The choice of Apache OpenOffice is interesting too – maybe this is something to do with working with the Microsoft fonts?
This is a choice if you hate waste. If you are generally happy with a PC you paid good money for a few years ago, this is a great way to give it a new lease of life with Xtra-PC and maybe some more memory if you are making do with 1 or 2 GB at the moment. The most likely thing to go wrong physically with a PC is hard disk failure (they are complex pieces of mechanics that do wear out). Even more so than that is the Windows software getting corrupted in some way either by accident or malice. Just bypassing these issues by plugging in a small memory stick is a wonderfully elegant solution.
This is just the first day – I will report back when I have used it some more.
Lastly, for now, here is the a makers demo of the software I just found on Twitter.
Time for an update..
Had some time for playing with this again..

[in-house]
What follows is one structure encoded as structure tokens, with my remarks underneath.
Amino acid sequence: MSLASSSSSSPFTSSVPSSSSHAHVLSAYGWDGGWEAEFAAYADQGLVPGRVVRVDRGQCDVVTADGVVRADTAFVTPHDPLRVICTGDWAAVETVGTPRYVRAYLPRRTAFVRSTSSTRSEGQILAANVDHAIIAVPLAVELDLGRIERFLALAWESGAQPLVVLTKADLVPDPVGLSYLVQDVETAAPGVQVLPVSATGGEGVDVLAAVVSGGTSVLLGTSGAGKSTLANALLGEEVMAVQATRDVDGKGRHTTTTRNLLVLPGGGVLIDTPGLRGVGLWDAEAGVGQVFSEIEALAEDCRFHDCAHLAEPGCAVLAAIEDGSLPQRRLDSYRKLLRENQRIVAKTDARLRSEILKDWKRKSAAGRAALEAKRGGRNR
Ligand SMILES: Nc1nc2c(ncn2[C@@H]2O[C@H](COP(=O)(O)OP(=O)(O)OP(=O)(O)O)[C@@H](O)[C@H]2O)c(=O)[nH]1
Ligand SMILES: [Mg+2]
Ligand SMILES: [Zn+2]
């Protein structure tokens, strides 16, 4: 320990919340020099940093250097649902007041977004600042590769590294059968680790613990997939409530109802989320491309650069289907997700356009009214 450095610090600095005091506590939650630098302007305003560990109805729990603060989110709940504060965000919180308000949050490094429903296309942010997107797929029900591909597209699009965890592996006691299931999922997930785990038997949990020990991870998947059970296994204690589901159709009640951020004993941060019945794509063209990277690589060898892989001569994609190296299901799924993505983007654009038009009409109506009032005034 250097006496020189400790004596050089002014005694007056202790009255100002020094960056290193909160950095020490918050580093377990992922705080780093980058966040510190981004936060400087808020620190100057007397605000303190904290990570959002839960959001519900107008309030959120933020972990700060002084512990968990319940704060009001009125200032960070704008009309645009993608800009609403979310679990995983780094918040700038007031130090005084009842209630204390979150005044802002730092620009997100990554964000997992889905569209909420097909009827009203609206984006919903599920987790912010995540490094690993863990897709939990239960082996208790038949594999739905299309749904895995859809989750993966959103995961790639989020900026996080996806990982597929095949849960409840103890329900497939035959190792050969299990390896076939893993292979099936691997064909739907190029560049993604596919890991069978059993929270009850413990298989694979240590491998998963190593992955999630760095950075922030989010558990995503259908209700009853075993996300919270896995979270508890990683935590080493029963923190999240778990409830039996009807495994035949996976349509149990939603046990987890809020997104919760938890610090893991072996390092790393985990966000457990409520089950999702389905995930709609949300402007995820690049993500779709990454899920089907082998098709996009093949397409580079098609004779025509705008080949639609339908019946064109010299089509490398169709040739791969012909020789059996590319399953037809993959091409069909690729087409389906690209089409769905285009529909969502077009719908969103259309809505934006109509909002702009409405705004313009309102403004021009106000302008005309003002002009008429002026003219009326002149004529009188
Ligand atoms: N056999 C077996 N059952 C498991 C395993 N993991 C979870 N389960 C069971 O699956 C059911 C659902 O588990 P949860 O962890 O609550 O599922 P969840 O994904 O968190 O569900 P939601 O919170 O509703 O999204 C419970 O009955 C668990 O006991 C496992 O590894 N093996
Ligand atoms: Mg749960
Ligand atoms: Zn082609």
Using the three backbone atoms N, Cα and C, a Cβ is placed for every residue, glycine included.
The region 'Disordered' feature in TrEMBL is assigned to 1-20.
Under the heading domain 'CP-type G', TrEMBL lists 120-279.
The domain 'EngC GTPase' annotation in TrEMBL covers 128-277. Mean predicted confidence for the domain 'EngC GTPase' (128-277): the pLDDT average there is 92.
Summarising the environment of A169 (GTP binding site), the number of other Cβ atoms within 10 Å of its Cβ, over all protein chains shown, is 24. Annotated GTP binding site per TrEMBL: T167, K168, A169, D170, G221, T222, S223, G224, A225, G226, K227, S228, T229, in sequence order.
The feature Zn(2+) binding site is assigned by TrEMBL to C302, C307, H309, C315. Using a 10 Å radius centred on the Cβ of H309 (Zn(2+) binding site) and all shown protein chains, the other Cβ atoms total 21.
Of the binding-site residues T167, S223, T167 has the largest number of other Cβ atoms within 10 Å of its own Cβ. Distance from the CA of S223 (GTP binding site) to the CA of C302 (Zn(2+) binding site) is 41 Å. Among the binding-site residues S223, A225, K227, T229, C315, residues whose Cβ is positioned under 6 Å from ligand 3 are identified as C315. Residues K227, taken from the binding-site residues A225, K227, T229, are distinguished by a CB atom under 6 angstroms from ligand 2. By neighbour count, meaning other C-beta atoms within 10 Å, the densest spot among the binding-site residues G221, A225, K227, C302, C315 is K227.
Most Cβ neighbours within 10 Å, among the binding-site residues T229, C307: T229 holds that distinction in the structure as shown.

Once the system is fully set up for use, on my test machine at least (a Toshiba laptop with Intel i3 processor and 6GB of memory) a boot from cold start to desktop takes about 110 seconds. If the computer had a USB3 port instead of USB2 I would expect this to be be considerably faster. UPDATE: I have now tried the Xtra-PC stick in another computer that has on-board USB3 ports. In this case booting to from boot device menu through to desktop is in 35 seconds instead of 110 – quite an improvement – but expected. There is no getting round that USB2 is relatively slow compared to SATA hard disks (or USB3). The Firefox browser for example takes 100 seconds to start first time – that is nearly as much as the whole OS boot process takes! If you watch the progress with the top command on a terminal you will see that the ‘wait state’ figure for the OS goes to 55% at times. This is the slowness of the USB2 technology holding things up. However once the browser is loaded, signing into my Gmail account was nice and snappy, as was generally visiting websites. Apache OpenOffice seems much faster to start than Firefox – about 15 seconds from the double click to start before you get the first screen. This goes to show that Internet browsers are amongst the largest, and therefore slowest to load, pieces of software most people get to run! Note that the action of buffering under Linux mean that second and subsequent starts are much much faster. For instance shutting down Firefox and double clicking it again gets the browser loaded and ready in just 7 seconds instead of 110! Again – when running from a USB3 port the initial (after booting) Firefox load time was down to about 4 seconds. The moral of this is once booted keep your computer running all day (or all week). Or if your computer has it use the USB3 port! Going back to the original machine with the USB2 ports I then retested a Firefox load after reboot and that too was now 7 seconds. It seems the VERY first time you run Firefox it does a lot of stuff that is very slow on a USB disk. The initial boot time for the OS is still around 110 seconds however from USB2.